After 20 years of caring for families at Pueblo Community Health Center, Dr. Rona Knudsen embraces her role as InnovAge PACE’s Center Medical Director, helping vulnerable older adults in the community. <br />
Preventing and Healing Wounds in Older Adults
June 01, 2022
Chronic Wounds If an older adult has an infection and develops a wound, it’s more common for that wound not to heal normally on its own. Chronic wounds can have serious consequences such as a life or limb loss,” explains InnovAge’s Dr. Traci A. Kimball, a board-certified specialist in wound management. Similarly, she says, “be on the lookout for scratches or cuts that won’t heal, and any skin discoloration or changes.”
Chronic wounds can include injuries caused by constant pressure on the skin. They include bed sores, which are more likely to form where the skin covers a bony area – such as the back of the head, shoulders, low back, hips, and heels. Those with diabetes can also develop ulcers on their feet. “Poor circulation, irritation from friction or pressure, and diabetic neuropathy – the reduced or complete loss of feeling pain in the foot – can all play a role in foot ulceration,” explains Kimball.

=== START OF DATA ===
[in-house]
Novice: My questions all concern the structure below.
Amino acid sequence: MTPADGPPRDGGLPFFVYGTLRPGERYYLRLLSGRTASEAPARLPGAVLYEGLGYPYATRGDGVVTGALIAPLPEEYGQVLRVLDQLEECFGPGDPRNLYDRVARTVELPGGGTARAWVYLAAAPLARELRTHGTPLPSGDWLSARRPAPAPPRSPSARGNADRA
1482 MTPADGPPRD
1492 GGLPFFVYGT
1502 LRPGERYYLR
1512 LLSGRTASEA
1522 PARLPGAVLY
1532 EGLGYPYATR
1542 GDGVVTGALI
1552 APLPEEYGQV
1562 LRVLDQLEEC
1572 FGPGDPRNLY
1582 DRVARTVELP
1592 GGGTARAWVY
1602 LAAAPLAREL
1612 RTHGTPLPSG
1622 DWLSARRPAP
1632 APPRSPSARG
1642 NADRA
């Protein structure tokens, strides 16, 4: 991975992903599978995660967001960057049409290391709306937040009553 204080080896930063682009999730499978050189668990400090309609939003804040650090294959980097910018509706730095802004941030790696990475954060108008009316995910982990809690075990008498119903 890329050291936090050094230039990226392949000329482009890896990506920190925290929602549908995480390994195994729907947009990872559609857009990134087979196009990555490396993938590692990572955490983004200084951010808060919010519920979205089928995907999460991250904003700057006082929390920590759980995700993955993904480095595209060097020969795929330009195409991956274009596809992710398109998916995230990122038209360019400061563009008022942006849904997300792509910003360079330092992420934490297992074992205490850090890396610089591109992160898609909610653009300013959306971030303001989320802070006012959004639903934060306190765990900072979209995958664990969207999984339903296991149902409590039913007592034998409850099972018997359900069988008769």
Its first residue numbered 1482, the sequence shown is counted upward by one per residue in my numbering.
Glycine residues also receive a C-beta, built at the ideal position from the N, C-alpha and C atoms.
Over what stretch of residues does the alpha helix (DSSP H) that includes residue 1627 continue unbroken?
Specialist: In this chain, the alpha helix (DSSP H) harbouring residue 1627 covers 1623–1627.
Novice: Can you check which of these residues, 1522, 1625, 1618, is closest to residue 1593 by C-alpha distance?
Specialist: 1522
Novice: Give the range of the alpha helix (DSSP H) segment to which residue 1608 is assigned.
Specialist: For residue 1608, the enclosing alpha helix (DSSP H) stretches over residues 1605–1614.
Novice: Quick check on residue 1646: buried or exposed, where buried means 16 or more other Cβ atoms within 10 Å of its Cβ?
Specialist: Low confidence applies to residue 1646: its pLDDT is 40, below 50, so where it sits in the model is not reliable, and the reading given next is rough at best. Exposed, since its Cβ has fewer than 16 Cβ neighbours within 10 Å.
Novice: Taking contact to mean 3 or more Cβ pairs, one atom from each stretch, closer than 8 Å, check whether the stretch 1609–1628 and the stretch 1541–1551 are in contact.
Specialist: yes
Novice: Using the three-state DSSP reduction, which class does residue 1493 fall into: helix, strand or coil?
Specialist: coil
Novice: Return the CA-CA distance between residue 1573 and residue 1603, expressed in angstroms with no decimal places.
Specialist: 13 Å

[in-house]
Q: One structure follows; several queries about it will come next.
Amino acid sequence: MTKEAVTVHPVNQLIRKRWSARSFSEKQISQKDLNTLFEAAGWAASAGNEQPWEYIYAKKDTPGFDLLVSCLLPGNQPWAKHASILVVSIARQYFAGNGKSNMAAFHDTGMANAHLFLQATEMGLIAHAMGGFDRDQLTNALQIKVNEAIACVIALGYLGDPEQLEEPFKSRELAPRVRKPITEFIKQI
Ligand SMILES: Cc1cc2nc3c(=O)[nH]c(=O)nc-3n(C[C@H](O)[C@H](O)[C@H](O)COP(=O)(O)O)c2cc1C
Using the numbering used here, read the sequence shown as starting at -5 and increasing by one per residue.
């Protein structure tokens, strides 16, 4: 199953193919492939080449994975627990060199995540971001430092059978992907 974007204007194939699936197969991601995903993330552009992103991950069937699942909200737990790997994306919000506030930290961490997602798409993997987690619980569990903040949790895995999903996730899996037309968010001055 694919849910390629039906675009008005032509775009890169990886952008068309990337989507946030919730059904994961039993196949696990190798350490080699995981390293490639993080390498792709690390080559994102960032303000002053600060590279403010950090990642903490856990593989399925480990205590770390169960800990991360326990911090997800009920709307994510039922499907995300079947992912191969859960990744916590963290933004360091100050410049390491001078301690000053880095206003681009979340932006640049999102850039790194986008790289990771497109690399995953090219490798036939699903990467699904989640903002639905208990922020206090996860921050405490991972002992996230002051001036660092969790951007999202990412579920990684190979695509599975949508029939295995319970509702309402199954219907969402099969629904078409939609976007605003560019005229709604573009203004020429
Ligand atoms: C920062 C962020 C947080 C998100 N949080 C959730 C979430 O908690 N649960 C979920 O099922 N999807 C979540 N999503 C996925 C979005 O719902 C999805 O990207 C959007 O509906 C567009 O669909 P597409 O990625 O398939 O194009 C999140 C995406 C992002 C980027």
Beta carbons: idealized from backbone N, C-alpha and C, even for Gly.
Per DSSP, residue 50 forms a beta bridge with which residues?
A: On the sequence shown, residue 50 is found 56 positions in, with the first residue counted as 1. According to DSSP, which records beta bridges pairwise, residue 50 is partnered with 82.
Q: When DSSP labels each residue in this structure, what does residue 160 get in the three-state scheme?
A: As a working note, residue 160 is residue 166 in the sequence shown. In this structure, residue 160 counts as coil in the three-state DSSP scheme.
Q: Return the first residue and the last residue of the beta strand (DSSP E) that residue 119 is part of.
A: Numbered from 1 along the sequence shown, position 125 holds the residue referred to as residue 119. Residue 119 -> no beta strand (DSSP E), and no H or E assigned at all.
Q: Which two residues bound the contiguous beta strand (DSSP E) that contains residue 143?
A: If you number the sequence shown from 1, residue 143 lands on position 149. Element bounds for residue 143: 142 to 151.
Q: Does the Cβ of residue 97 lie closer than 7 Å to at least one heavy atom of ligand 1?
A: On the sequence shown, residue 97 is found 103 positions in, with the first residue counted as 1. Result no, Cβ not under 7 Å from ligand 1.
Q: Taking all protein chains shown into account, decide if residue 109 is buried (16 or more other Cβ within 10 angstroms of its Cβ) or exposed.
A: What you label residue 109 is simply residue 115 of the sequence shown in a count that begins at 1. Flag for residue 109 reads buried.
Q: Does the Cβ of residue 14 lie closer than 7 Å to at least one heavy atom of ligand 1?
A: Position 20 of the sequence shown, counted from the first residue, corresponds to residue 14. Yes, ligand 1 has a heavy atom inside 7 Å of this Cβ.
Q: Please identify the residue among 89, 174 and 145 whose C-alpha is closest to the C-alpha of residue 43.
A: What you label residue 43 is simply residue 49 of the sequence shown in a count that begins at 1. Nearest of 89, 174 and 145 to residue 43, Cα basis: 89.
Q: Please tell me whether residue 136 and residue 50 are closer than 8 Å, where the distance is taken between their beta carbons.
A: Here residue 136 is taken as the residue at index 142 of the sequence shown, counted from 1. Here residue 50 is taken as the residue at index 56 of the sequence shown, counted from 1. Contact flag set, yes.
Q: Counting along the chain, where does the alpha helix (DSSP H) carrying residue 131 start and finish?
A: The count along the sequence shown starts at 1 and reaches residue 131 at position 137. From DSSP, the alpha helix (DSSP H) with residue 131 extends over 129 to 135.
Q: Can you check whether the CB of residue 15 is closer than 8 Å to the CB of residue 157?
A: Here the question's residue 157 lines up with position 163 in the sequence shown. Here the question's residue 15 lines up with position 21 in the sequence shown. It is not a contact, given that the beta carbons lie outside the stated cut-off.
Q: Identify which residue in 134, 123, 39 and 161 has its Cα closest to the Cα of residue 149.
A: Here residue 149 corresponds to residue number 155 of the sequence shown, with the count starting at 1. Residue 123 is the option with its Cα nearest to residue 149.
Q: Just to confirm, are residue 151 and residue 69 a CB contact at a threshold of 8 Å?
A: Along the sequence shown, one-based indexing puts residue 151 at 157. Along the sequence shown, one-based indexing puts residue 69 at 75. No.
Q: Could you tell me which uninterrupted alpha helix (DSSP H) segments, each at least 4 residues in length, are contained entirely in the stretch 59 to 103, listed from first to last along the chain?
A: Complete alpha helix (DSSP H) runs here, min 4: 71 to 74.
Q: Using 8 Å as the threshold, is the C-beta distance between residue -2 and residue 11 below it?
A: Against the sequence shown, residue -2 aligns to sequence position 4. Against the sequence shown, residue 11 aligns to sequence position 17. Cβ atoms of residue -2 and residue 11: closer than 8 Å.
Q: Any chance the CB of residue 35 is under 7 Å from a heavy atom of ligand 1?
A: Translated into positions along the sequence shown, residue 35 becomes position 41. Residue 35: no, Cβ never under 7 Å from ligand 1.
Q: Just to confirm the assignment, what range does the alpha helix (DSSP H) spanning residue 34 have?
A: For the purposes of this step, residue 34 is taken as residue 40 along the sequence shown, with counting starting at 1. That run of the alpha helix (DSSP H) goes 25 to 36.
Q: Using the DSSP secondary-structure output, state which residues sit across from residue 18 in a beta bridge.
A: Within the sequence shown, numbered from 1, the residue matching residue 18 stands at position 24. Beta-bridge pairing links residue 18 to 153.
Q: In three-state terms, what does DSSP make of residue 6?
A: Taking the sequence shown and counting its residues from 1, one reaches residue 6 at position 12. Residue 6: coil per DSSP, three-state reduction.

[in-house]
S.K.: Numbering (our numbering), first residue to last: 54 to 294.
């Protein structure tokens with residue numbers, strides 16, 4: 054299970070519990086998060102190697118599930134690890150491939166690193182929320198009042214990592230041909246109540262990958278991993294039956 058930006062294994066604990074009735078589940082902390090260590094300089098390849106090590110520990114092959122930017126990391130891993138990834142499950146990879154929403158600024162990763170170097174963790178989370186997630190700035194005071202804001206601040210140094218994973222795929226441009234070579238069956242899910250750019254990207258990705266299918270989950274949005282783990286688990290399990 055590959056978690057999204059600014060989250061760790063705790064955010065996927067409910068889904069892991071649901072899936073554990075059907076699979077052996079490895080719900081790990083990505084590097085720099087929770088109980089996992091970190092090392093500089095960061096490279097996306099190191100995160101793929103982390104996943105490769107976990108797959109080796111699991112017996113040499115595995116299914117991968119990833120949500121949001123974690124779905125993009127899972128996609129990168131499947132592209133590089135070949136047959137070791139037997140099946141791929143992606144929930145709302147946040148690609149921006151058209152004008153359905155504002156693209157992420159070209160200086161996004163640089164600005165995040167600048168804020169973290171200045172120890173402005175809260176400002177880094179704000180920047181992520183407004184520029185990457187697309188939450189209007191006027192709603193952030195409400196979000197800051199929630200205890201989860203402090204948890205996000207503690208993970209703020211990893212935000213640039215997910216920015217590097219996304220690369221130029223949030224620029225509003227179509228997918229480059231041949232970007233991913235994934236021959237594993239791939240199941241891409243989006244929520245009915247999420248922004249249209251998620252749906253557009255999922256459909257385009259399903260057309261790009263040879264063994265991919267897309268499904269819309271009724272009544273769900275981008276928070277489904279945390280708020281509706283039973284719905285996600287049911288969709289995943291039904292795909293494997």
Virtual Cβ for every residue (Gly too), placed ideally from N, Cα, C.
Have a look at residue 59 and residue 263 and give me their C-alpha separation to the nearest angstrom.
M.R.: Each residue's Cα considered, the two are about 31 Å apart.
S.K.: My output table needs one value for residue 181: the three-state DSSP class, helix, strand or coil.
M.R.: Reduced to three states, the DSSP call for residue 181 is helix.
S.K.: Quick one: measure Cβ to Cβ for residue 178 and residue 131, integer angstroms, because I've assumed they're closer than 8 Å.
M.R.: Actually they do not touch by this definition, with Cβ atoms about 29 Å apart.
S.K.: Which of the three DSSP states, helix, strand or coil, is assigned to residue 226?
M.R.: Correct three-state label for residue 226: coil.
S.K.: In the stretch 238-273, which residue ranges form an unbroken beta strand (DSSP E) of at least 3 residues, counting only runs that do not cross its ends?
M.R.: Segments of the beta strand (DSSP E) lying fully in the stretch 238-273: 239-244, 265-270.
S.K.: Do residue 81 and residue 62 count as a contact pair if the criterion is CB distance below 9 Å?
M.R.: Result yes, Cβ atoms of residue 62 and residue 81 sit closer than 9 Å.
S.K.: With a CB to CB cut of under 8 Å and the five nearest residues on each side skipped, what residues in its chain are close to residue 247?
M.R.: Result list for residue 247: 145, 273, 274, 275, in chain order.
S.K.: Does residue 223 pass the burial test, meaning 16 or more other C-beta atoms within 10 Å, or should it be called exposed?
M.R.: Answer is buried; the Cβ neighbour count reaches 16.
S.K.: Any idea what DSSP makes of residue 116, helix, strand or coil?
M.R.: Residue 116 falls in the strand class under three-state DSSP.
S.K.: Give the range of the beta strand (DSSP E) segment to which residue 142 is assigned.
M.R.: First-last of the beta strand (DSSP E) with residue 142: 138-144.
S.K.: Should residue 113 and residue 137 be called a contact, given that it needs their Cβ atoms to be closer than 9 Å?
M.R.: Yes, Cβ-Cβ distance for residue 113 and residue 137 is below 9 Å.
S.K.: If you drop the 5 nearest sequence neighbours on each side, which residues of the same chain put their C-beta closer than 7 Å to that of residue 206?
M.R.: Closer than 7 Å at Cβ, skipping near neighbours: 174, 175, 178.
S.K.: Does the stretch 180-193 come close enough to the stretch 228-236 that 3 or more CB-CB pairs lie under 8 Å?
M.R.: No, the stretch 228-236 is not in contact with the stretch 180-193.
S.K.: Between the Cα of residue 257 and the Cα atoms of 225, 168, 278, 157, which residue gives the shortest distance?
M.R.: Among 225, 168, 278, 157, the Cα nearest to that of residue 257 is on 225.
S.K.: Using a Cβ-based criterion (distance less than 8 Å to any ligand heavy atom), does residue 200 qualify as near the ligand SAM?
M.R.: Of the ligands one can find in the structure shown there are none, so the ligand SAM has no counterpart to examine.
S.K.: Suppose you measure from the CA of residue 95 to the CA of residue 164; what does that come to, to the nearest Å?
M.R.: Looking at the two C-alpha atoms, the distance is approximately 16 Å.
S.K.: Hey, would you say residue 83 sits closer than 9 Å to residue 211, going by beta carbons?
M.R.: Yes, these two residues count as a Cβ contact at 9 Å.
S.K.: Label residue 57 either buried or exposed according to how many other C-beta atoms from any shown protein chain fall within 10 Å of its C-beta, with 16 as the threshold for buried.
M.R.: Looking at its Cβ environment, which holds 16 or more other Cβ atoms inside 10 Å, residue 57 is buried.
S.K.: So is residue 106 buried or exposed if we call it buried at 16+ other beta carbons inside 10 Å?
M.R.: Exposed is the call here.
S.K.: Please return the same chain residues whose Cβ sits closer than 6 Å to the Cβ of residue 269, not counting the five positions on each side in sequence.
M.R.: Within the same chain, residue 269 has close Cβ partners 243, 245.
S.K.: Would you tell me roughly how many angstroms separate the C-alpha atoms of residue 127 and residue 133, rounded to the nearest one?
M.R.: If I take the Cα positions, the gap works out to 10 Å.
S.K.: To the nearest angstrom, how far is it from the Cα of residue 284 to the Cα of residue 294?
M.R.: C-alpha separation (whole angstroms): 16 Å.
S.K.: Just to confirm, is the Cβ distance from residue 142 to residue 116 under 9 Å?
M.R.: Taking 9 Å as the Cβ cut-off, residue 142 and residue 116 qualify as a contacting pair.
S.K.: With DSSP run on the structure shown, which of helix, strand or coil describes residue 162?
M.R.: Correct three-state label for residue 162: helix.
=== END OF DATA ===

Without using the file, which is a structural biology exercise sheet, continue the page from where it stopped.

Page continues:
Protecting and Healing Wounds
If a wound develops, proper care is critical to healing and preventing further complications. “For older adults, all wounds should be treated seriously so that minor ones don’t become chronic,” Kimball says.
Each person’s treatment plan is unique and based on the wound and their overall health. The right dressing is essential, as it provides the best conditions for the wound to heal and protects it from additional harm. For all wound care dressings:
- Keep it on
- Keep it clean
- Keep it fresh
- Bad odor
- Increased swelling, drainage, or pain
- A fever
- A new feeling of being unwell
This post was medically reviewed by Ann Wells, M.D.